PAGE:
It was further fanned by growing economic anxiety, rising inequality and narratives that tell whites those woes are driven by immigrants and people of color. Another often-cited statistic is that the United States will cease to be majority white within several decades. The nation is currently 76.6 percent white, according to the U.S. Census Bureau.

These trends can be observed in most of the Western world: From Switzerland, to Germany, to New Zealand, to the United States and some Scandinavian countries, resistance to the idea of changing demographics has been on the rise, said Dana.

“Political populism has an irrational component that appeases to fears that are more often than not, manufactured or imaginary,” he said.

It’s also spreading beyond white-majority nations. Globally, xenophobic and ethno-nationalistic violence and rhetoric has been rising for years, but have largely been overlooked in the West, Bali said. For example, migrants from Mozambique, Mali and Zimbabwe coming into South Africa have been subject to attack. In 2017 and 2018, immigrant shops were burned and their owners beaten. A survey last year found that 30 percent of South Africans blame the violence on “foreigners stealing jobs from hard working South Africans.”

Such attacks mirror much of the vitriol that’s coming out of many U.S.-based alt-right websites and other media sources, where racial epithets and statements disparaging Hispanics, women, Muslims, African-Americans and Jewish people run rampant. In one instance, William Daniel Johnson, chairman of the American Freedom Party, a white nationalist group based in New York, said, “Europe is becoming Muslim. Every people in the world can have their own country except white people. We should have white ethno-states.”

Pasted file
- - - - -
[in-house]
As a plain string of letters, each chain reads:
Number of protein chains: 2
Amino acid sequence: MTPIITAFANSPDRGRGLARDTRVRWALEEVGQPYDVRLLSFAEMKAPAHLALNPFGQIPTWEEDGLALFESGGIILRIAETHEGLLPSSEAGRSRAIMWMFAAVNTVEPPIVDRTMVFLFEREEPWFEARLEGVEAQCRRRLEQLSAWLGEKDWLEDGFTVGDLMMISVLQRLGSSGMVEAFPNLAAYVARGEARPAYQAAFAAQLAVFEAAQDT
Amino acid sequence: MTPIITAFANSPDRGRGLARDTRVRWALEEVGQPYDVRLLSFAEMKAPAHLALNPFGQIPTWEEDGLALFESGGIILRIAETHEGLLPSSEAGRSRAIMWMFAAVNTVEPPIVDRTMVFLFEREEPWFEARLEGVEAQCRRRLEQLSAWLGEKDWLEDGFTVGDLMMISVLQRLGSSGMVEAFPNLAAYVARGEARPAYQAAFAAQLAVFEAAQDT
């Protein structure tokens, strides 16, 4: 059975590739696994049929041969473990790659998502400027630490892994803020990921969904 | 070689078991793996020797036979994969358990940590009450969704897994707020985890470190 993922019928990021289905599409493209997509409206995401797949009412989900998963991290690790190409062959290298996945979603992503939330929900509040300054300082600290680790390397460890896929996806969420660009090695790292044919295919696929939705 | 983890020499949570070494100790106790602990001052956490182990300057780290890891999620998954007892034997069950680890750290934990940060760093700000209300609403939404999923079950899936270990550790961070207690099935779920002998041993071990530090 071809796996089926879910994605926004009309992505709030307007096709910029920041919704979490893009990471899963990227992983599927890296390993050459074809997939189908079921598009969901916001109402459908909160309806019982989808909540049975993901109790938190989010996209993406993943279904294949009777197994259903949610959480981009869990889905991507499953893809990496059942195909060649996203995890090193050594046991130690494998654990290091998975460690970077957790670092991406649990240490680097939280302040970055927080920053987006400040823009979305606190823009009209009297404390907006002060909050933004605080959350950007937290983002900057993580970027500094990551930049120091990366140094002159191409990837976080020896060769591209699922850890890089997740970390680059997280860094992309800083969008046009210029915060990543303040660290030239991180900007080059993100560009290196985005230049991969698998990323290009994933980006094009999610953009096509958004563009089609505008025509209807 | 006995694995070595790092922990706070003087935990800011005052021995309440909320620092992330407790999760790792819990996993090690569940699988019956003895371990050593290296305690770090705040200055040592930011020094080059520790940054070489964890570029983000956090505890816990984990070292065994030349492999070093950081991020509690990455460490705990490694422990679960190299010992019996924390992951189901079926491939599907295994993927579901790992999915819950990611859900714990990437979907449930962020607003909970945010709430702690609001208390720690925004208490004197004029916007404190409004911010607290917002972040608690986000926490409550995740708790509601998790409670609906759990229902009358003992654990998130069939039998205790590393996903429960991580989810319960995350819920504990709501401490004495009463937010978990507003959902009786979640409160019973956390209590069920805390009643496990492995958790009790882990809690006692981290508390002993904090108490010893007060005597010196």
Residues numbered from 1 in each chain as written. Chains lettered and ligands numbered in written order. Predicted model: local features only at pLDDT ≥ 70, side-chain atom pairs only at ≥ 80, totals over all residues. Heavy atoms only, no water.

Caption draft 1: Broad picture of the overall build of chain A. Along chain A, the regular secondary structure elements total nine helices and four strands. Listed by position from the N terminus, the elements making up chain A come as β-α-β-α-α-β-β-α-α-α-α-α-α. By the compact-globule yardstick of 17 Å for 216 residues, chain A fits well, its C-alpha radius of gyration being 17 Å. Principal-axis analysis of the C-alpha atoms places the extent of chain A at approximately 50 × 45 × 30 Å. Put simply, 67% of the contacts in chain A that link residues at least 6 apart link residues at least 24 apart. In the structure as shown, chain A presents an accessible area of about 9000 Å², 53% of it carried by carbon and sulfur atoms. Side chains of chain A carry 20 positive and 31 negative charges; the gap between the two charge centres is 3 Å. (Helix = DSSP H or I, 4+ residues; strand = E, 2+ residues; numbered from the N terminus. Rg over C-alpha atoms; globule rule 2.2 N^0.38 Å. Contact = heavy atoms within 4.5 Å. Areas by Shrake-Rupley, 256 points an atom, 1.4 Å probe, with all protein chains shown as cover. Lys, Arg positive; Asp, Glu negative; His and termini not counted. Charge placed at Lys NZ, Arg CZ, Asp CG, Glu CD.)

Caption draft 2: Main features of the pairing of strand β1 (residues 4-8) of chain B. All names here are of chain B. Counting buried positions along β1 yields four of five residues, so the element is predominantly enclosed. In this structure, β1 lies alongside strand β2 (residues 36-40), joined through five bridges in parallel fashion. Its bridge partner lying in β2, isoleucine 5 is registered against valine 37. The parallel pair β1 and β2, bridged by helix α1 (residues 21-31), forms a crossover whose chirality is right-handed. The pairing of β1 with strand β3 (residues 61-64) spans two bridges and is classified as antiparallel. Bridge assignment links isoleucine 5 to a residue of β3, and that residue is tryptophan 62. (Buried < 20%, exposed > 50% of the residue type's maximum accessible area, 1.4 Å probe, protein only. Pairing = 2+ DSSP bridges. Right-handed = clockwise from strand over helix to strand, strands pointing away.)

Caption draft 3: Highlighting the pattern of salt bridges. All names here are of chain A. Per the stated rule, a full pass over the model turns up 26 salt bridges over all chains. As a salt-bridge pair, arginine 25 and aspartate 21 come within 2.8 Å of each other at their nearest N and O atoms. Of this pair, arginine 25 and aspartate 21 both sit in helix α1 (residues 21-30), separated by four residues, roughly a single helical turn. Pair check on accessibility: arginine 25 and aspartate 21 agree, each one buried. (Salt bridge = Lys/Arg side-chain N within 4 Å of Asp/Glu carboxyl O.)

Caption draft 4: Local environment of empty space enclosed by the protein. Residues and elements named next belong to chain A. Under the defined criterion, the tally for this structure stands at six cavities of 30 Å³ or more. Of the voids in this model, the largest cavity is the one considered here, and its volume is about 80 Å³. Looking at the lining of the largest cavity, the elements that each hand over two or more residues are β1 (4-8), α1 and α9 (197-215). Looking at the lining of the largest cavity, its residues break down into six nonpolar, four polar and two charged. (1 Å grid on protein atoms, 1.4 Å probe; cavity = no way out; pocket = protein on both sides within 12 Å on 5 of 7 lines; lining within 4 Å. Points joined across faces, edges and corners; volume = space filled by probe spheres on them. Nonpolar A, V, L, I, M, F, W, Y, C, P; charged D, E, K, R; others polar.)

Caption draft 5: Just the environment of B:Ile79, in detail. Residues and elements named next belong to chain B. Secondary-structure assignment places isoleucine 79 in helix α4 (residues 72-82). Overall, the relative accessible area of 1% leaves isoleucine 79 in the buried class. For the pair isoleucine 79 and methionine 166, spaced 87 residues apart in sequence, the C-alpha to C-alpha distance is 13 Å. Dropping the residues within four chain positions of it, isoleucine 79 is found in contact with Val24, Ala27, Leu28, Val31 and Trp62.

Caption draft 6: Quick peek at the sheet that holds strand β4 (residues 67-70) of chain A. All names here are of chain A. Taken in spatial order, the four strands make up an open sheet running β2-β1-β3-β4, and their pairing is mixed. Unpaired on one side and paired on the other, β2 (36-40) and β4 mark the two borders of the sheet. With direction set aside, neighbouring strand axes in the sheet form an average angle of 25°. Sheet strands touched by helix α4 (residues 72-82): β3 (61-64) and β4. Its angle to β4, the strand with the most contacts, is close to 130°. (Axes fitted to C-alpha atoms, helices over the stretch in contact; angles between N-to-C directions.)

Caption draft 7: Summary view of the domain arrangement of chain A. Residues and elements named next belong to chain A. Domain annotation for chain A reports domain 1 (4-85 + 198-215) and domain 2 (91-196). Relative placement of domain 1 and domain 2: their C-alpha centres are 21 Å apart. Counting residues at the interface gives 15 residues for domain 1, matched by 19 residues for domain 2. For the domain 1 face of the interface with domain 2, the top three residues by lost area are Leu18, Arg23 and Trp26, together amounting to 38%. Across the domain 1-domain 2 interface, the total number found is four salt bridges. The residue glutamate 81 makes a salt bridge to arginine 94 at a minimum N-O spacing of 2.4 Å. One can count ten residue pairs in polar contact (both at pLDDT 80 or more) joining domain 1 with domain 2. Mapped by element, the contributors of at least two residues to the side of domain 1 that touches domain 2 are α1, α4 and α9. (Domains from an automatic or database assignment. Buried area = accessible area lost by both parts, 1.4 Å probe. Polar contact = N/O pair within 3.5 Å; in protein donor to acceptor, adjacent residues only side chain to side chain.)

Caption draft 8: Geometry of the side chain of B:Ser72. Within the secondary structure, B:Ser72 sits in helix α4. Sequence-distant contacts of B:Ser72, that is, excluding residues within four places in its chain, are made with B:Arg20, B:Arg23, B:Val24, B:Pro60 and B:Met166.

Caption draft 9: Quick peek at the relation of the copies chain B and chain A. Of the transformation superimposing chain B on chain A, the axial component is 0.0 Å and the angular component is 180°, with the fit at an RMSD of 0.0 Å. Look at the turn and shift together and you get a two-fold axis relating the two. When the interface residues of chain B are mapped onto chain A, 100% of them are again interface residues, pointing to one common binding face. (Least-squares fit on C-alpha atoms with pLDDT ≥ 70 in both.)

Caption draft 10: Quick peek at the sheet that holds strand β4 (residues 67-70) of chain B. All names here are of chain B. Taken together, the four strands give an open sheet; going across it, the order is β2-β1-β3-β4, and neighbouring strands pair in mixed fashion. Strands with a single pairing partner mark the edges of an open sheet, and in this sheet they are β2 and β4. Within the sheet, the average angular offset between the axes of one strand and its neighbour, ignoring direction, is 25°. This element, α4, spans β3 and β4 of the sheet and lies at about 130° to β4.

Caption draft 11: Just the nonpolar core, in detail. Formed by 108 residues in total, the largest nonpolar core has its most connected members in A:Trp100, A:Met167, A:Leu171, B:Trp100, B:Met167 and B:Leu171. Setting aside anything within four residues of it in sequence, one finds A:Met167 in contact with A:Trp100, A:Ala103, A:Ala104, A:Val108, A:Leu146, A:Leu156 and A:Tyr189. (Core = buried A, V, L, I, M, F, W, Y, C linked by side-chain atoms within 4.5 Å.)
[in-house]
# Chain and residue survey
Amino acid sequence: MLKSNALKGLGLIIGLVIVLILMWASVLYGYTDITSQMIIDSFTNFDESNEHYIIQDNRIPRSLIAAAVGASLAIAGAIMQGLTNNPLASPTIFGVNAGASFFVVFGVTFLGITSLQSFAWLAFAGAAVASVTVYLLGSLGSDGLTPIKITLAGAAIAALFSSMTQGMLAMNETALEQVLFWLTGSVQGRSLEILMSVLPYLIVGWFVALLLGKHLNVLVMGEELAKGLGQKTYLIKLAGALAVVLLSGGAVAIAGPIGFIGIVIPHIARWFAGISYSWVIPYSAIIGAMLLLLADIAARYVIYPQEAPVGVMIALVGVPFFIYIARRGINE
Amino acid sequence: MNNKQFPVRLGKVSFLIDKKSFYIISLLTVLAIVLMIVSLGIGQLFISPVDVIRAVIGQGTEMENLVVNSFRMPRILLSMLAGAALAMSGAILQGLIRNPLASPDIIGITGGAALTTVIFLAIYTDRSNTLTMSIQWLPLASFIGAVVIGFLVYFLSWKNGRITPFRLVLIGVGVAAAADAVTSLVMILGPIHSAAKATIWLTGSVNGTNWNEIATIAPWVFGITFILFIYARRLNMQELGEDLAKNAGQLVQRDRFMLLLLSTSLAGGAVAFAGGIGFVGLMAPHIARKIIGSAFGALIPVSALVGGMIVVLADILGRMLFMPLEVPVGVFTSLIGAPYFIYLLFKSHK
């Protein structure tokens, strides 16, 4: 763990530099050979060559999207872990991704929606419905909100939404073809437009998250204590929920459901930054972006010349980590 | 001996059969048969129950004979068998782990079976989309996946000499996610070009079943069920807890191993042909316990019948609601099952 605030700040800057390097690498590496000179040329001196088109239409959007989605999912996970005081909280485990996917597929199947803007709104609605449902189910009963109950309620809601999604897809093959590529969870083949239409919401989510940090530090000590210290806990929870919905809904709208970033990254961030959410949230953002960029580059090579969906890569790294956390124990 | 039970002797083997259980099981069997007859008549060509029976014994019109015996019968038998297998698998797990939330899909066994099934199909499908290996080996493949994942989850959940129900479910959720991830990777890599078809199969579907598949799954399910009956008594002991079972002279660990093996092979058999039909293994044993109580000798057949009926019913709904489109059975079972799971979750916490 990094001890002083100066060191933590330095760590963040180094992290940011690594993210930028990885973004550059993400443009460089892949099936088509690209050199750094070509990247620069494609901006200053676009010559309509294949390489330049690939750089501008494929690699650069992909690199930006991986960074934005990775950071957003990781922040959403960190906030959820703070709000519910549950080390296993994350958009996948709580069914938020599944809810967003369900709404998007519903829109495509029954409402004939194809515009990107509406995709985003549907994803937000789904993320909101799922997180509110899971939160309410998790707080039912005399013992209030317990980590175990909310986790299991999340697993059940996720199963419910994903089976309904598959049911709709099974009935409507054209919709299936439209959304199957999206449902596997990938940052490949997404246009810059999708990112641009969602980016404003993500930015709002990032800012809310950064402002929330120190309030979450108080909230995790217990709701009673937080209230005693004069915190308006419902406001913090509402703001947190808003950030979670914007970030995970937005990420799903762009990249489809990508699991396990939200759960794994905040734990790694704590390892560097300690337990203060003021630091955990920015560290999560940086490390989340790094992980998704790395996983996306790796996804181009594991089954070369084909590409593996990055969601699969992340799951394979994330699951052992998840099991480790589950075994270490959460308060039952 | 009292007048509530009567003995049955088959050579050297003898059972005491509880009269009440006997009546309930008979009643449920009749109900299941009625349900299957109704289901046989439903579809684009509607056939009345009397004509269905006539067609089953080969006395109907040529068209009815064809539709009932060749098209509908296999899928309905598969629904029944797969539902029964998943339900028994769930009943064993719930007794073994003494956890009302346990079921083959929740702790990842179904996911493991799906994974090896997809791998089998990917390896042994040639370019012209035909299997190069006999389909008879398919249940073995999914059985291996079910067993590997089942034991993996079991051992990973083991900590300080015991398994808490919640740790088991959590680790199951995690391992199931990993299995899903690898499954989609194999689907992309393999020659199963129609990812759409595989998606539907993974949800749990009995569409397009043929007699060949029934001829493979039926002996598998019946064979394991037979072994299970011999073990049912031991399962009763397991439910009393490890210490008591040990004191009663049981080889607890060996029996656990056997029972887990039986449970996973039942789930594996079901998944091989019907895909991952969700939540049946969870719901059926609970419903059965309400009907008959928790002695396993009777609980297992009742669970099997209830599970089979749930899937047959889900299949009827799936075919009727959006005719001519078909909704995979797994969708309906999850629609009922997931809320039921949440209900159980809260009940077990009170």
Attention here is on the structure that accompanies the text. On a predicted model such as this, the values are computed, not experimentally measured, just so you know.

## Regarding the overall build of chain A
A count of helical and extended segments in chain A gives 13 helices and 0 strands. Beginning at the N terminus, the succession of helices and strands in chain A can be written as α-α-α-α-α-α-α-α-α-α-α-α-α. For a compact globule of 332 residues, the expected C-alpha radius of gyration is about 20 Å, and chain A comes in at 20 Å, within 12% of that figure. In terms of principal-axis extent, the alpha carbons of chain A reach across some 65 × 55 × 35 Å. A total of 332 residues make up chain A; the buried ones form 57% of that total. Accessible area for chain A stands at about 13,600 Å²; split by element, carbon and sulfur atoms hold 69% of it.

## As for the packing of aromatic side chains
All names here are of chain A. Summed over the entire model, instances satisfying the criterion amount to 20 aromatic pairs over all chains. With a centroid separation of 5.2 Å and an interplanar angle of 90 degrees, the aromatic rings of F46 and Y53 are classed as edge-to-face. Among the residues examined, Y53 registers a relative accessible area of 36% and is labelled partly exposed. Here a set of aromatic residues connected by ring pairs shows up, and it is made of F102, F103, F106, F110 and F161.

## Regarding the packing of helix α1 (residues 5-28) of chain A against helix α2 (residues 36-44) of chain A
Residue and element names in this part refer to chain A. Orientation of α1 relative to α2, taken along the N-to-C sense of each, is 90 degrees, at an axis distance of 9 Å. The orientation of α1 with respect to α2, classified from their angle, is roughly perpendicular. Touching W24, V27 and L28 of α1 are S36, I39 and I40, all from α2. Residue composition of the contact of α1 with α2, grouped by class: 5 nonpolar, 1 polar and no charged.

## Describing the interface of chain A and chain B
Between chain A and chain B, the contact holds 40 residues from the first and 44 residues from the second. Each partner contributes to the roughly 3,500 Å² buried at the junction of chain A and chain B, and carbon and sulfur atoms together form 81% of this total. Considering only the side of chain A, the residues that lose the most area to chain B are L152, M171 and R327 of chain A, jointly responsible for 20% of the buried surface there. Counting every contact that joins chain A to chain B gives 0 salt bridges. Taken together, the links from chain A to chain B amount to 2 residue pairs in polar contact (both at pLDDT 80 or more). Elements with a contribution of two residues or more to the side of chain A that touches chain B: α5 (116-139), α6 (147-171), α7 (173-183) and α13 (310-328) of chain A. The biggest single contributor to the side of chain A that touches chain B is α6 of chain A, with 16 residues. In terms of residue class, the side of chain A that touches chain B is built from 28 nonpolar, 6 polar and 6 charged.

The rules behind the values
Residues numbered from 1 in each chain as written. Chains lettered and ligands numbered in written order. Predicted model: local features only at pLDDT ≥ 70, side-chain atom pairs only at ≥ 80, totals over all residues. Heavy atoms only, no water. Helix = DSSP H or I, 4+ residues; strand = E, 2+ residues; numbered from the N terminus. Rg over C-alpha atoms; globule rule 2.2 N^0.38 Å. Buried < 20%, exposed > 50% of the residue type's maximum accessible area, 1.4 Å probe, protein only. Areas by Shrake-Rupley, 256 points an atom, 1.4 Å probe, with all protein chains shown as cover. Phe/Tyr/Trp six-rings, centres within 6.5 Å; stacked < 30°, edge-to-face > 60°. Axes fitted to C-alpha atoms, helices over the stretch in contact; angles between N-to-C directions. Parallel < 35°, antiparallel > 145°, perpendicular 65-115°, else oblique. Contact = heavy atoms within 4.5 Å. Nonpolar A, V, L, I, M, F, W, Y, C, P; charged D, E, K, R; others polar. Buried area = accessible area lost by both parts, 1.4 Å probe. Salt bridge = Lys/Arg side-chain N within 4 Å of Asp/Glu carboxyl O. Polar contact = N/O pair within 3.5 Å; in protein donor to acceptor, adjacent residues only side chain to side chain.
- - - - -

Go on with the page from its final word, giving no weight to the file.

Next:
Richard Cohen, president of the Southern Poverty Law Center, said the New Zealand attacker’s alleged manifesto bears the “unmistakable fingerprints” of the alt-right.

“We — and that includes policymakers and the law enforcement community, in particular — must begin to view what we call ‘domestic terrorism’ through a global lens, just as we do the threat of groups like ISIS, because the growing white supremacist movement represents a clear and present threat to democracies across the world,” he said.

Made in the U.S.A.

New York University communications professor Helio Fred Garcia said the language used by candidate and now President Trump has had a direct impact on inspiring individuals to commit acts of violence. Trump has also called Mexicans rapists and suggested there were “people that were very fine people, on both sides,” in Charlottesville, where white nationalists carried Nazi flags and chanted “Jews will not replace us.”

“We are seeing a growing number of people who are never on any terrorist watchlist suddenly commit these acts and they often directly use language that has been a staple of the president’s rhetoric, such as calling immigrants ‘invaders,’” said Garcia.

Garcia said Trump’s inflammatory language around the so-dubbed caravans of immigrants heading to the southern U.S border, which he has often described as an invasion, is an example of what extremists respond to with action. In Pittsburgh, the man who killed 11 people at the Tree of Life synagogue posted on social media that Jews were bringing in an invasion of nonwhite immigrants and that he couldn’t “sit by and watch my people get slaughtered.”

“It’s time for political leaders to hold the president accountable,”  Garcia said.

After the attack in New Zealand, the president shared his condolences on Twitter, calling it senseless.

“My warmest sympathy and best wishes goes out to the people of New Zealand after the horrible massacre in the Mosques. 49 innocent people have so senselessly died, with so many more seriously injured. The U.S. stands by New Zealand for anything we can do. God bless all!” Trump tweeted.

Read more at usatoday.com.